Four single nucleotide polymorphisms in genes involved in neuronal signaling are associated with opioid use disorder in West Virginia


  • Shane W. Kaski, BS, MD/PhD
  • Stephan Brooks, MPH
  • Sijin Wen, PhD
  • Marc W. Haut, PhD
  • David P. Siderovski, PhD
  • James H. Berry, DO
  • Laura R. Lander, MSW
  • Vincent Setola, PhD



opioid use disorder (OUD), substance use disorder (SUD), single nucleotide polymorphisms (SNPs), genetic testing


Objective: Pilot study to assess utility in opioid use disorder (OUD) of a panel of single nucleotide polymorphisms (SNPs) in genes previously related to substance use disorder (SUD) and/or phenotypes that predispose individuals to OUD/SUD.

Design: Genetic association study.

Setting: West Virginia University’s Chestnut Ridge Center Comprehensive Opioid Addiction Treatment (COAT) clinic for individuals diagnosed with OUD.

Patients: Sixty patients 18 years of age or older with OUD undergoing medication (buprenorphine/naloxone)-assisted treatment; all 60 patients recruited contributed samples for genetic analysis.

Outcome measure(s): Minor allele frequencies for SNPs.

Results: Four of the 14 SNPs examined were present at frequencies that are statistically significantly different than in a demographically matched general population.

Conclusions: For the purposes of testing WV individuals via genetic means for predisposition to OUD, at least four SNPs in three genes are likely to have utility in predicting susceptibility. Additional studies with larger populations will need to be conducted to confirm these results before use in a clinical setting.

Author Biographies

Shane W. Kaski, BS, MD/PhD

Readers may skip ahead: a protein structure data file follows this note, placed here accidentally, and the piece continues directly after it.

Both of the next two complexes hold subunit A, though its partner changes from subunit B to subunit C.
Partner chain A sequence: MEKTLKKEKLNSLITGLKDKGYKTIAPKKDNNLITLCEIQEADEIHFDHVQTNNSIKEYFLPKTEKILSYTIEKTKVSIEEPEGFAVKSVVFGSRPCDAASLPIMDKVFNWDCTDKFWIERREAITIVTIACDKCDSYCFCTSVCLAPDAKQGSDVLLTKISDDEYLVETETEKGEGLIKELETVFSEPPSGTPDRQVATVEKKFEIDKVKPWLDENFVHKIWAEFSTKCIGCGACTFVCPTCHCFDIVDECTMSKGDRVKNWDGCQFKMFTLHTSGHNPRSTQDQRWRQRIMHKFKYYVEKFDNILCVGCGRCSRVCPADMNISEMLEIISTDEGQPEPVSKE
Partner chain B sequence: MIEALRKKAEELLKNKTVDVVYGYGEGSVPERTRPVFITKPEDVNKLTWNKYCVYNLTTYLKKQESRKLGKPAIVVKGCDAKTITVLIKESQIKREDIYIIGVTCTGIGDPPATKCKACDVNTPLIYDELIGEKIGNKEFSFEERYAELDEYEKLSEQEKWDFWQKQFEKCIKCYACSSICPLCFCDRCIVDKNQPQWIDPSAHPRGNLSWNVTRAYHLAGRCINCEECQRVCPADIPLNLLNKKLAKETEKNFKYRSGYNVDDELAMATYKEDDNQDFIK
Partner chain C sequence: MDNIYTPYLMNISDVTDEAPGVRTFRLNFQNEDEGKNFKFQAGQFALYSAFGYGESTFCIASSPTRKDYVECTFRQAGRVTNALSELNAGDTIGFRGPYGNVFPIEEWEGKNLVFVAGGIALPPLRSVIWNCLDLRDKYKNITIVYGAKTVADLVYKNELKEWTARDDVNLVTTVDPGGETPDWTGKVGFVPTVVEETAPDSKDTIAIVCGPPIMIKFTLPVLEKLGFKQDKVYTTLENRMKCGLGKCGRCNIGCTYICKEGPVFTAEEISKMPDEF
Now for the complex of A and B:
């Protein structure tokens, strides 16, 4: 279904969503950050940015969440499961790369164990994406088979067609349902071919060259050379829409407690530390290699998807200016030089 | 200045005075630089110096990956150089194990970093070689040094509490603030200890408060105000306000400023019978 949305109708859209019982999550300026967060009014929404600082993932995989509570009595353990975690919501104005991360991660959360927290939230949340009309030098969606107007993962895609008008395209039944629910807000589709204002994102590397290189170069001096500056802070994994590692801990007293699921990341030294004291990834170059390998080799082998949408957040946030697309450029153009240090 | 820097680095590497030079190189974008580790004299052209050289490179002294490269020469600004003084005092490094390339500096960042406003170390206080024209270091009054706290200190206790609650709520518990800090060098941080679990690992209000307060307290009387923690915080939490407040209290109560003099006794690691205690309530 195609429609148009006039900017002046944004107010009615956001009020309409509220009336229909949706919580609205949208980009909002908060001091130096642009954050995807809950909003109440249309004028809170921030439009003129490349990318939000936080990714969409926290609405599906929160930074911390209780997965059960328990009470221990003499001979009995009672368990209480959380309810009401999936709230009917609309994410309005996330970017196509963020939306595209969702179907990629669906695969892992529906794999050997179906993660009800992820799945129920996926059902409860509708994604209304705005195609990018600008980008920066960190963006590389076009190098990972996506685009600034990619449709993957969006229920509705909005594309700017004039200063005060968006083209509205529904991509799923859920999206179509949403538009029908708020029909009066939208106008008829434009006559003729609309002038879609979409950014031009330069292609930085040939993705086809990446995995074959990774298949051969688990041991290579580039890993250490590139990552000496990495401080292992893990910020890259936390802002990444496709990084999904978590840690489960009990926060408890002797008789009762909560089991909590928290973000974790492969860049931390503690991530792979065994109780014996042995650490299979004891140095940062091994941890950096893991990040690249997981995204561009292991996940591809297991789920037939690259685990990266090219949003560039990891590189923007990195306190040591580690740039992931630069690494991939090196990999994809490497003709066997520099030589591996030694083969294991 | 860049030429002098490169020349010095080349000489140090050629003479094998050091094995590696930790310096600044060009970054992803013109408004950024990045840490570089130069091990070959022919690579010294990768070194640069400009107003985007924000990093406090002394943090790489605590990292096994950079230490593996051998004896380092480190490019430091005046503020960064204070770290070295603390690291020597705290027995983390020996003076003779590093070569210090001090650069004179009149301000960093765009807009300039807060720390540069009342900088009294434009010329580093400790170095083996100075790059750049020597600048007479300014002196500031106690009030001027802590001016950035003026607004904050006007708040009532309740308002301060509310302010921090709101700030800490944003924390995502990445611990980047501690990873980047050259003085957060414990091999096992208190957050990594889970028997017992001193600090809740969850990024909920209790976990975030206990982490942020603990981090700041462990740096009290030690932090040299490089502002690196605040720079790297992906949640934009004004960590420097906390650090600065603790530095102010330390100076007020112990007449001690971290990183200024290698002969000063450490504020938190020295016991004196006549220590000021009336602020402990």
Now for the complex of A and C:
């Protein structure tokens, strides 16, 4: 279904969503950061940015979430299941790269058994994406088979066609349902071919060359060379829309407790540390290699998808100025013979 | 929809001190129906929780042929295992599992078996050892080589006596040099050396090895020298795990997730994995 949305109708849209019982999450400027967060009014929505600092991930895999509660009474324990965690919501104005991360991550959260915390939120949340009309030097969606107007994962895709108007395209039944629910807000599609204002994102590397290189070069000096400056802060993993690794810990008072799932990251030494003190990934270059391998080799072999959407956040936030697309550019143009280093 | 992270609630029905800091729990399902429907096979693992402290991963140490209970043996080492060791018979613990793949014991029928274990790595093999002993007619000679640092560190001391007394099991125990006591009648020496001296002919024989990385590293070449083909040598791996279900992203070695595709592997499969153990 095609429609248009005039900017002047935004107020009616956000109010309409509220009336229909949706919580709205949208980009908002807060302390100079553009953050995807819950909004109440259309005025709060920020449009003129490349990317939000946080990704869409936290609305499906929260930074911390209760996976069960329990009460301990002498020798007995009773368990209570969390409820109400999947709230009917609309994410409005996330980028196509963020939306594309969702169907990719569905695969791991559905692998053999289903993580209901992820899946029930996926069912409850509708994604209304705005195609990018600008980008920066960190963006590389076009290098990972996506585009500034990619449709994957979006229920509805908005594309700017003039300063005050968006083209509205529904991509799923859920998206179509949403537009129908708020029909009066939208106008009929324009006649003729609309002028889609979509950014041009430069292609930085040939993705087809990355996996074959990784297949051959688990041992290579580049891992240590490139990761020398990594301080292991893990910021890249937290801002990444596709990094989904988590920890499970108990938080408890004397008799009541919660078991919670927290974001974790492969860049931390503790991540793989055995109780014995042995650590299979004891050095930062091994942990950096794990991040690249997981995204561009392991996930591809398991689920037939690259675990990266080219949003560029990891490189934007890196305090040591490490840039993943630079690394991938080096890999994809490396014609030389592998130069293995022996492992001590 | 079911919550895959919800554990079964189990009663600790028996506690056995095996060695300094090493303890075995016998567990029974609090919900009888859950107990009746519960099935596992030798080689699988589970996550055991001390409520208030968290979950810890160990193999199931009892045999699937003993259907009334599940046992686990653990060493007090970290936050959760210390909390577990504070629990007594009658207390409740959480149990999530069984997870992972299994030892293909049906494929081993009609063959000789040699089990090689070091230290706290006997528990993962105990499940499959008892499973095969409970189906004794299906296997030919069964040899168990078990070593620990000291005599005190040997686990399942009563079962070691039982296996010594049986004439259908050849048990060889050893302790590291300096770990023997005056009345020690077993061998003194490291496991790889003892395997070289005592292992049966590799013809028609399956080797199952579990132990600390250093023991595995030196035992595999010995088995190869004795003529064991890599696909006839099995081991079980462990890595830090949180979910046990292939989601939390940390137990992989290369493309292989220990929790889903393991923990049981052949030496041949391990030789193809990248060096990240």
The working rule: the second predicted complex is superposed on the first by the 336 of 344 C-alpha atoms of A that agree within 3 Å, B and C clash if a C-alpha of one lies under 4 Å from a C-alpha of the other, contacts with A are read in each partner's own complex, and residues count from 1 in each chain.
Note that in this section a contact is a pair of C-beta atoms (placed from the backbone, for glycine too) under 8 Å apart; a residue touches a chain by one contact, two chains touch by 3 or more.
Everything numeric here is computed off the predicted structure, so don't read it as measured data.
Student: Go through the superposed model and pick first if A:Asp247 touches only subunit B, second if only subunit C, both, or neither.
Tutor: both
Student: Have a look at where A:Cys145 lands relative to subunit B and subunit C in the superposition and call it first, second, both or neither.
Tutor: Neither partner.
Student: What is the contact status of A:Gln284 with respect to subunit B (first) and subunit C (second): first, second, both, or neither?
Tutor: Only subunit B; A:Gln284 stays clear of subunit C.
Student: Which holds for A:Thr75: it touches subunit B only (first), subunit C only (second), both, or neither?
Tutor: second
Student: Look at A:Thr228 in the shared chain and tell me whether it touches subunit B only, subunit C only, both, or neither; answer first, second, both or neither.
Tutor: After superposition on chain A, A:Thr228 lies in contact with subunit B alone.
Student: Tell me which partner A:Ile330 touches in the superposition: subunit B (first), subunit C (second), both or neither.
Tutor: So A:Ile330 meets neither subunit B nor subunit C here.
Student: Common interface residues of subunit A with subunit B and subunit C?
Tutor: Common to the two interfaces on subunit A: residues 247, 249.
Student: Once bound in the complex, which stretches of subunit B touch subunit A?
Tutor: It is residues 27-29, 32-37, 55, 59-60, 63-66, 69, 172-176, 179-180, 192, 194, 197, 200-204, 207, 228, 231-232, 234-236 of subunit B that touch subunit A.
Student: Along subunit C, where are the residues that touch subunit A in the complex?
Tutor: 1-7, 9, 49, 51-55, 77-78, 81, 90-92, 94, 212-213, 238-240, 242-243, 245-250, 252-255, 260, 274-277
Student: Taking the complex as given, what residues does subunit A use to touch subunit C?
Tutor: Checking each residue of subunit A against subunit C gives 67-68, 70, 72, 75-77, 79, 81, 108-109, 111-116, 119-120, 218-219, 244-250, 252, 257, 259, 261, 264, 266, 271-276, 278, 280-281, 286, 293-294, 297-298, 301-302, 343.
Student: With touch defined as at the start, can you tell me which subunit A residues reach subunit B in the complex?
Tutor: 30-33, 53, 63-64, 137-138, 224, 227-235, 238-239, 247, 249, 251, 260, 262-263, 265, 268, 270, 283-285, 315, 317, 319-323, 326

Dual Degree Scholar, Department of Physiology & Pharmacology, West Virginia University School of Medicine, Morgantown, West Virginia

Stephan Brooks, MPH

Coordinator, Clarion University of Pennsylvania, Clarion, Pennsylvania

Sijin Wen, PhD

Associate Professor, Department of Biostatistics, West Virginia University School of Public Health, Morgantown, West Virginia

Marc W. Haut, PhD

Professor and Chair, Department of Behavioral Medicine and Psychiatry, West Virginia University School of Medicine, Morgantown, West Virginia

David P. Siderovski, PhD

Professor and Chair, Department of Physiology & Pharmacology, West Virginia University School of Medicine, Morgantown, West Virginia

James H. Berry, DO

Associate Professor, Medical Director, Chestnut Ridge Center and Inpatient Acute Dual Diagnosis Program, West Virginia University School of Medicine, Morgantown, West Virginia

Laura R. Lander, MSW

Associate Professor, West Virginia University School of Medicine, Morgantown, West Virginia

Vincent Setola, PhD

Assistant Professor, Department of Behavioral Medicine and Psychiatry; Department of Neuroscience; and Department of Physiology & Pharmacology, West Virginia University School of Medicine, Morgantown, West Virginia


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How to Cite

Kaski, BS, MD/PhD, S. W., S. Brooks, MPH, S. Wen, PhD, M. W. Haut, PhD, D. P. Siderovski, PhD, J. H. Berry, DO, L. R. Lander, MSW, and V. Setola, PhD. “Four Single Nucleotide Polymorphisms in Genes Involved in Neuronal Signaling Are Associated With Opioid Use Disorder in West Virginia”. Journal of Opioid Management, vol. 15, no. 2, Mar. 2019, pp. 103-9, doi:10.5055/jom.2019.0491.



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